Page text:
In grade school his days began at 5:30 in the morning, when Kucinich attended mass. He worked his way through parochial school scrubbing and waxing the school's hardwood floors; he's always been short for his age, and he recalls being dwarfed by the floor polisher.
He earned high grades, and in high school Kucinich placed second out of 23,000 essayists for his paper, "Why I Want to Be the Cleveland Indian Bat Boy." At 4 feet 9,98 pounds, he warmed the bench as a football player.
During summers he worked as a caddy at a suburban country club -- "seeing how the other half lived" -- waking at 5:30, hitchiking 12 miles to the golf course, walking 35 holes a day, six days a week. He would have worked seven days a week, he says, but the course closed Monday for maintenance. That paid his high school tuition. It also, if Kucinich isn't putting too fine a point on his youth, provided the basis for his political conscience.
"I learned the worth of an individual doesn't depend on what one has, on possessions or trappings of wealth," he says. "An individual's worth depends on not having but being , on what you believe in and the moral standards by which you live.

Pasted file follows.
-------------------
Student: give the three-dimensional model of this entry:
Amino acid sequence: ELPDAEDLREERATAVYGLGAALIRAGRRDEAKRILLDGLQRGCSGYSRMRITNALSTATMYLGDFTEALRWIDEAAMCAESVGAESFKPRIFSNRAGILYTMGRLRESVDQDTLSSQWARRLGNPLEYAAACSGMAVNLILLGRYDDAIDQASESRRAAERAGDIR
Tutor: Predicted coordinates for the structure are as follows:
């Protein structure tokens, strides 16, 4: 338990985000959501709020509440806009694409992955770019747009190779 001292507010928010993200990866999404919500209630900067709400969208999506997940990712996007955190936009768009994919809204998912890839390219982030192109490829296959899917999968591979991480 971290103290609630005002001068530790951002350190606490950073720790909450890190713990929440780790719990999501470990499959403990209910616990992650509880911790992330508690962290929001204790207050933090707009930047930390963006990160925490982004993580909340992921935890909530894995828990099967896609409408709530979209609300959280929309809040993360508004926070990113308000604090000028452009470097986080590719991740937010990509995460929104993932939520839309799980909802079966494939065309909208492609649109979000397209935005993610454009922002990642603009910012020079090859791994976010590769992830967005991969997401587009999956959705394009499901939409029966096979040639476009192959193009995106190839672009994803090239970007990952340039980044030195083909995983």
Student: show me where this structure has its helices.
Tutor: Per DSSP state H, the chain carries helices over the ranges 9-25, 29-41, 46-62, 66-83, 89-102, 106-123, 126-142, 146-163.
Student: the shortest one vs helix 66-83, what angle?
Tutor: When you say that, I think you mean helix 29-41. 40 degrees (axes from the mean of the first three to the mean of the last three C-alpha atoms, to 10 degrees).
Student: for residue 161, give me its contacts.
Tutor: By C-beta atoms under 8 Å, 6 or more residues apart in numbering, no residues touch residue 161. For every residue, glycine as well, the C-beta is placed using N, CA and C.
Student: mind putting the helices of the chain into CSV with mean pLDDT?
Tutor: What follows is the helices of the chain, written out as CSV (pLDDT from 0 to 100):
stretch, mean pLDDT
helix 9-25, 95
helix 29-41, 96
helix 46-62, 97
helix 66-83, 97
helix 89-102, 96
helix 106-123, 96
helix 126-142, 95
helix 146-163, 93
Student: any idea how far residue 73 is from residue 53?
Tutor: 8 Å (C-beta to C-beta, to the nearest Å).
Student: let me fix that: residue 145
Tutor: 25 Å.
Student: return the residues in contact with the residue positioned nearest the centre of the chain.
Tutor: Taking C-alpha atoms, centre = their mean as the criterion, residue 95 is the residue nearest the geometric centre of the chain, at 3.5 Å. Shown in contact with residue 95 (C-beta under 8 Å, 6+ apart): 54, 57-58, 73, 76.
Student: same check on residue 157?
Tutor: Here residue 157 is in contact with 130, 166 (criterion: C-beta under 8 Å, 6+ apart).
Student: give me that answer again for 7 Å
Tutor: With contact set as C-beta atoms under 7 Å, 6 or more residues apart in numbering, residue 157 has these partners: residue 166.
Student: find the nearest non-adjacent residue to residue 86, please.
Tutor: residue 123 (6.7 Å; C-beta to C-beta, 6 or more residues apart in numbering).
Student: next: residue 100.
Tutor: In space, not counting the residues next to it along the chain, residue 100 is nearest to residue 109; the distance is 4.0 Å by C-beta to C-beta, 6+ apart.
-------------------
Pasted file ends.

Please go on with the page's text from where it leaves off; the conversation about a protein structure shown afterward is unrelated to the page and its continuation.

"I could lose whatever it is I have materially and not let it bother me," says Kucinich, who is paid $50,000 a year as mayor. He and his wife live in a modest home purchased in 1971 for about $22,500.
At age 17, Kucinich left his home "to learn how the world was put together." He worked as a hospital orderly during the day. At night he worked as a copy boy at the Cleveland Plain Dealer. Did that schedule allow for a social life?
"When you work at a hospital that has a school of nursing, it has its advantages," says Kucinich. "So the answer to that is yes, but I had to schedule it in."